Online sales, mobile traffic expected to rise this holiday season: Adobe

It’s going to be another jolly holiday season for Canada’s online retailers, according to the latest holiday shopping predictions by Adobe Systems Inc.

The company’s Digital Insights division expects Canadians to spend around $5.6 billion online between Nov. 1 and Dec. 31 this year, a 12 per cent gain over last year – and nearly half their browsing will be through a mobile device.

However, the signs point to Canadians preferring window shopping on their mobile devices to actually buying products on them, Adobe Digital Insights manager Becky Tasker tells, with mobile devices expected to account for 28 per cent of Canadian holiday sales (18 per cent on smartphones, 10 per cent on tablets).

Moreover, when shoppers do purchase items on their mobile devices they typically costs less than items purchased via desktop or notebook, she says.

Adobe Digital Insights manager Becky Tasker
Adobe Digital Insights manager Becky Tasker believes Canadian retailers can learn a great deal from Adobe’s latest online holiday shopping predictions.

“From a business perspective, retailers need to identify what’s causing this behaviour and how can they make up for the monetary gap,” Tasker says. “One recommendation I’ve been giving is to not only focus on mobile optimization – which will improve the experience for everybody – but to also think about cross-device integration: the sort of technology that can allow a customer to jump between their smartphone, tablet, and desktop in an integrated, cohesive way.”

While the bulk of Adobe’s research covers the U.S. market, Tasker says much of the information is relevant for Canadian retailers as well.

For example, as in the U.S., “Black Friday,” which this year will fall on Nov. 25, kicks off Canada’s holiday shopping season and is expected to be the second-most profitable day for online retailers – next to Cyber Monday, when Adobe expects Canadian retailers to pocket more than $200 million in online revenue, three times their usual rate of sales.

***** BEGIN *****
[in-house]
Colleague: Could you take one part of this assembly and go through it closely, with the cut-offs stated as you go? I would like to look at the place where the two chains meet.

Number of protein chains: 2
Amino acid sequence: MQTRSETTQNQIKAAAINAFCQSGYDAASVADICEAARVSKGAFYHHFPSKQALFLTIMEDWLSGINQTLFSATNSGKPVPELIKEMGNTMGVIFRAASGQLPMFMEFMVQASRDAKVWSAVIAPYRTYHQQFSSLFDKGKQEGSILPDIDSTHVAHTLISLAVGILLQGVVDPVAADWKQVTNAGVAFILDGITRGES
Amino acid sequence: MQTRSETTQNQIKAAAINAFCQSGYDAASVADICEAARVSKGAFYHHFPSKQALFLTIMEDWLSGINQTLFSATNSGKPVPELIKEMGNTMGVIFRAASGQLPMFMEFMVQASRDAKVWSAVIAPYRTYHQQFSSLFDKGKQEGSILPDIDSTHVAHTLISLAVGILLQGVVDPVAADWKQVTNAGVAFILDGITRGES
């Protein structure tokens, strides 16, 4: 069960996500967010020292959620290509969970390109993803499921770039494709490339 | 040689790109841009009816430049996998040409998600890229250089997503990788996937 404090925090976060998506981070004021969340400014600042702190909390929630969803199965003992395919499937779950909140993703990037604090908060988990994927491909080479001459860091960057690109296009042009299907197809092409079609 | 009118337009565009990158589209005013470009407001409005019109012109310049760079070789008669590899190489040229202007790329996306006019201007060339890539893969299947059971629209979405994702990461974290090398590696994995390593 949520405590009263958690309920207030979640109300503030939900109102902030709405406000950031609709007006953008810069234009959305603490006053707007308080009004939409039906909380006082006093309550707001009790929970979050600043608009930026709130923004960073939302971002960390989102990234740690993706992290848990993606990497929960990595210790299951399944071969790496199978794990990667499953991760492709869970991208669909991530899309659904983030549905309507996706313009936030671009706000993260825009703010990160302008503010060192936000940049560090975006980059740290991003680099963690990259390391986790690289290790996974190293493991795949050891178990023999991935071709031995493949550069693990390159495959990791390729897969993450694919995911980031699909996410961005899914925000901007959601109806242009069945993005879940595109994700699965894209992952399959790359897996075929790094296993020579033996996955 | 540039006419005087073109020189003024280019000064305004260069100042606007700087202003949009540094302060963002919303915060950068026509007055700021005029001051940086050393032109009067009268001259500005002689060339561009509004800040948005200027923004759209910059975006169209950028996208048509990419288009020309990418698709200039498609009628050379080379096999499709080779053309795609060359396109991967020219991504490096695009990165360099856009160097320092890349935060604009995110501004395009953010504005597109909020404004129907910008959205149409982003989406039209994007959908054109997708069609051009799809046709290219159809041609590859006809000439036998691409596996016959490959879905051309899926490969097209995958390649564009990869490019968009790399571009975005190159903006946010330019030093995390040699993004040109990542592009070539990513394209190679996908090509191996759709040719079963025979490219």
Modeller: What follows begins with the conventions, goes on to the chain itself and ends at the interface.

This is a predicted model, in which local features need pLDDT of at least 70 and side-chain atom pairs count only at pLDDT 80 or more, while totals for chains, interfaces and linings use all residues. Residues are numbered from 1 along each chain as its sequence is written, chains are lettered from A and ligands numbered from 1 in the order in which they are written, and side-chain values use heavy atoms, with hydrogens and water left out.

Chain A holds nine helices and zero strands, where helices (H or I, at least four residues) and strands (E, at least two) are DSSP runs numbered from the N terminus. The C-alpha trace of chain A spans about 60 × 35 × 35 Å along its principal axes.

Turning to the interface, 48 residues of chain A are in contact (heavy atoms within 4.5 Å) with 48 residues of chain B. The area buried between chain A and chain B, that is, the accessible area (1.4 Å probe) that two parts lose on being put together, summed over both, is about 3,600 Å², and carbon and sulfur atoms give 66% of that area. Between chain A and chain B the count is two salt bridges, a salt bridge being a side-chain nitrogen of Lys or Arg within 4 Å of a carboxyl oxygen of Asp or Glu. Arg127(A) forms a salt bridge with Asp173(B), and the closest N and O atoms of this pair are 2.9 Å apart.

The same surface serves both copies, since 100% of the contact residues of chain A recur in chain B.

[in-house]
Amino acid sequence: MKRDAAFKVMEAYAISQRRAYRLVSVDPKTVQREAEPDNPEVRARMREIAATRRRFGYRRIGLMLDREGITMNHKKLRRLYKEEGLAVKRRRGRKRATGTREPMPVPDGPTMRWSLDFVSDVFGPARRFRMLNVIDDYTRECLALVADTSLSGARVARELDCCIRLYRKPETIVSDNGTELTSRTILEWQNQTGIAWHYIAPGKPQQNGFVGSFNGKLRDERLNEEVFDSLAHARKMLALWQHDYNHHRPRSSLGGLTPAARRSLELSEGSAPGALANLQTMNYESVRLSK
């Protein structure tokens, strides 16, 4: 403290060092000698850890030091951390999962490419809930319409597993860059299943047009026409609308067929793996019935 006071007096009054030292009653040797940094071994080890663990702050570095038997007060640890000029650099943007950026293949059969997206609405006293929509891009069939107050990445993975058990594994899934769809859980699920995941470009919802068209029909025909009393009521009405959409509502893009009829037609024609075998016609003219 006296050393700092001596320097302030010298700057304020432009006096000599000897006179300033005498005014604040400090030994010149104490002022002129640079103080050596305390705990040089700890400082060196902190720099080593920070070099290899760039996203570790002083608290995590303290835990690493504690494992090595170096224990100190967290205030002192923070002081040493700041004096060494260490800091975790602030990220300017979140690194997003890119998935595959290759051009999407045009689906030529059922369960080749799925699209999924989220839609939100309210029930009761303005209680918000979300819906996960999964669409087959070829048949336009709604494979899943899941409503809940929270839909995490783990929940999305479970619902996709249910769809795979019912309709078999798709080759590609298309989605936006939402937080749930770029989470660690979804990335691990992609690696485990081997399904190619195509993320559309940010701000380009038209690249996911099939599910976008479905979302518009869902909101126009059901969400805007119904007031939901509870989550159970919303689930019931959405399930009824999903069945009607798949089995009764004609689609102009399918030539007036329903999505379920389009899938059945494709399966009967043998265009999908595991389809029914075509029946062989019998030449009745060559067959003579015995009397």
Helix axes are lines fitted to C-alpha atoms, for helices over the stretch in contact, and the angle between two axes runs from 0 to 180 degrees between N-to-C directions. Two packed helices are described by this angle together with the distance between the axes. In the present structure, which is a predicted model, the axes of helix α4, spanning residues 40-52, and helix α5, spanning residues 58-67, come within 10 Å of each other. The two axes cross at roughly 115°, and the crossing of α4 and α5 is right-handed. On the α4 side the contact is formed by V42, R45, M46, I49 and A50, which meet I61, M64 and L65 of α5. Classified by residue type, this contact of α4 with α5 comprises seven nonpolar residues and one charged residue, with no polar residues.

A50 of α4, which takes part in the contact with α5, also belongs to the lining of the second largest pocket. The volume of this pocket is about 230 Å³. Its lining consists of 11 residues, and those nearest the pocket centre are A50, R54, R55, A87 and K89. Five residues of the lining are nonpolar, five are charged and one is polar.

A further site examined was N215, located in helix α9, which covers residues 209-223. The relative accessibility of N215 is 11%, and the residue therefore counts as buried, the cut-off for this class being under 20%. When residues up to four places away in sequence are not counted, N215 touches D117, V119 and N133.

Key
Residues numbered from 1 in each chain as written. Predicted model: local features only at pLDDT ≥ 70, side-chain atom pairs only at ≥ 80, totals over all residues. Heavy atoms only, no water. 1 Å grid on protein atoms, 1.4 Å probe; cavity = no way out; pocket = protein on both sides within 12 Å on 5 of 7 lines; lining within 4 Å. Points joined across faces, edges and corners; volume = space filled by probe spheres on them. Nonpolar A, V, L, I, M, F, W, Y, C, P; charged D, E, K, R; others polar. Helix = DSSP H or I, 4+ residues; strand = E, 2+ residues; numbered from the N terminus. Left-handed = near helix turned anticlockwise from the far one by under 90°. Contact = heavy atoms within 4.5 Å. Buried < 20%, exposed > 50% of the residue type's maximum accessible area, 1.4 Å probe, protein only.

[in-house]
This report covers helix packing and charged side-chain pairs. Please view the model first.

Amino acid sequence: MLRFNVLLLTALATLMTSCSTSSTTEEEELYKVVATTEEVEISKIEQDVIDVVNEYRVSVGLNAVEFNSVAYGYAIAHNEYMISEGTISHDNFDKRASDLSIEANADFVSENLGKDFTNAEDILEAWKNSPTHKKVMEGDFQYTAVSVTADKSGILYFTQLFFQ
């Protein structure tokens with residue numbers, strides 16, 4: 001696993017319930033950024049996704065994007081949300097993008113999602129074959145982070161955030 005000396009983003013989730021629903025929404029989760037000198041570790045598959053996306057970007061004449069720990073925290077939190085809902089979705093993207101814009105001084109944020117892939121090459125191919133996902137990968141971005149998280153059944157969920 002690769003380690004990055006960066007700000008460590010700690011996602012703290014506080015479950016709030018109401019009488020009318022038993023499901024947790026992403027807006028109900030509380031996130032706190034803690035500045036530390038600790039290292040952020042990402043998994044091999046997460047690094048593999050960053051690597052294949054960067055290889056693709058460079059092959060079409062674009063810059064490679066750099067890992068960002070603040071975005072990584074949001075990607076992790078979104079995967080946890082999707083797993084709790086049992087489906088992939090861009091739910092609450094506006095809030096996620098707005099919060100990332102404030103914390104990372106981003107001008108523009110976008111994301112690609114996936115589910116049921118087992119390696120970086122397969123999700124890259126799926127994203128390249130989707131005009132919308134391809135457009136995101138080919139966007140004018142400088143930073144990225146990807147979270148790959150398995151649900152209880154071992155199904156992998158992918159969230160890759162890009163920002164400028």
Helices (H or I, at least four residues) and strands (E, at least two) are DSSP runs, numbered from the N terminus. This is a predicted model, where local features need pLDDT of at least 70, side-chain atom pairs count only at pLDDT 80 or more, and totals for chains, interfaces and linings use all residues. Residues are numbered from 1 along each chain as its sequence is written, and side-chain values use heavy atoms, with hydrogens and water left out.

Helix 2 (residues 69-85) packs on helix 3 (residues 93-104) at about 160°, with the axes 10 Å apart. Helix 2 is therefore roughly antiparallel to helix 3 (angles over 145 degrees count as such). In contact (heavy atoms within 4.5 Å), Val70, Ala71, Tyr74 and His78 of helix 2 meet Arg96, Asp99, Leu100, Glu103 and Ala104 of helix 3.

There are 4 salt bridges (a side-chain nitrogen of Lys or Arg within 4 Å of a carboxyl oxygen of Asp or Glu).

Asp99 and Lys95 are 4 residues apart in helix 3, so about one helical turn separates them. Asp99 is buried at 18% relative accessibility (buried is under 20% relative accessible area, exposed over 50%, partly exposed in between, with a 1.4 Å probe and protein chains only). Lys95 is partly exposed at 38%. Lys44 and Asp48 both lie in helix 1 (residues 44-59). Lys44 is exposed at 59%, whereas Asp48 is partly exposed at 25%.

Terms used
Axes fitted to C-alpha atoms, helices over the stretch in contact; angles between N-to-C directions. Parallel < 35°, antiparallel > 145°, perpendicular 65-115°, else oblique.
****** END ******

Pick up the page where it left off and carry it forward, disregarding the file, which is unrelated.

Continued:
Meanwhile, Adobe expects online holiday sales in the U.S. to grow at a slightly lower rate than last year – 11 per cent year-over-year, versus last year’s 12.7 – an expected drop that can teach Canadian retailers a lesson as well, Tasker says, since as online holiday sales continue to rise, it becomes harder for them to grow at higher rates.

“There isn’t necessarily anything bad about it, it just seems like the growth is getting more isolated and competitive with so many players on the market today,” she says, emphasizing that, more than anything, the reduced growth rate represents an opportunity for retailers to differentiate themselves in other ways, such as by offering a superior customer experience.

“When we asked consumers why they shop online, obviously good deals and free shipping and great bargains were part of it, but we also saw this insurgence of convenience factors,” Tasker says. “Not having to wait in line, or wait in traffic, a greater variety of products or product availability.”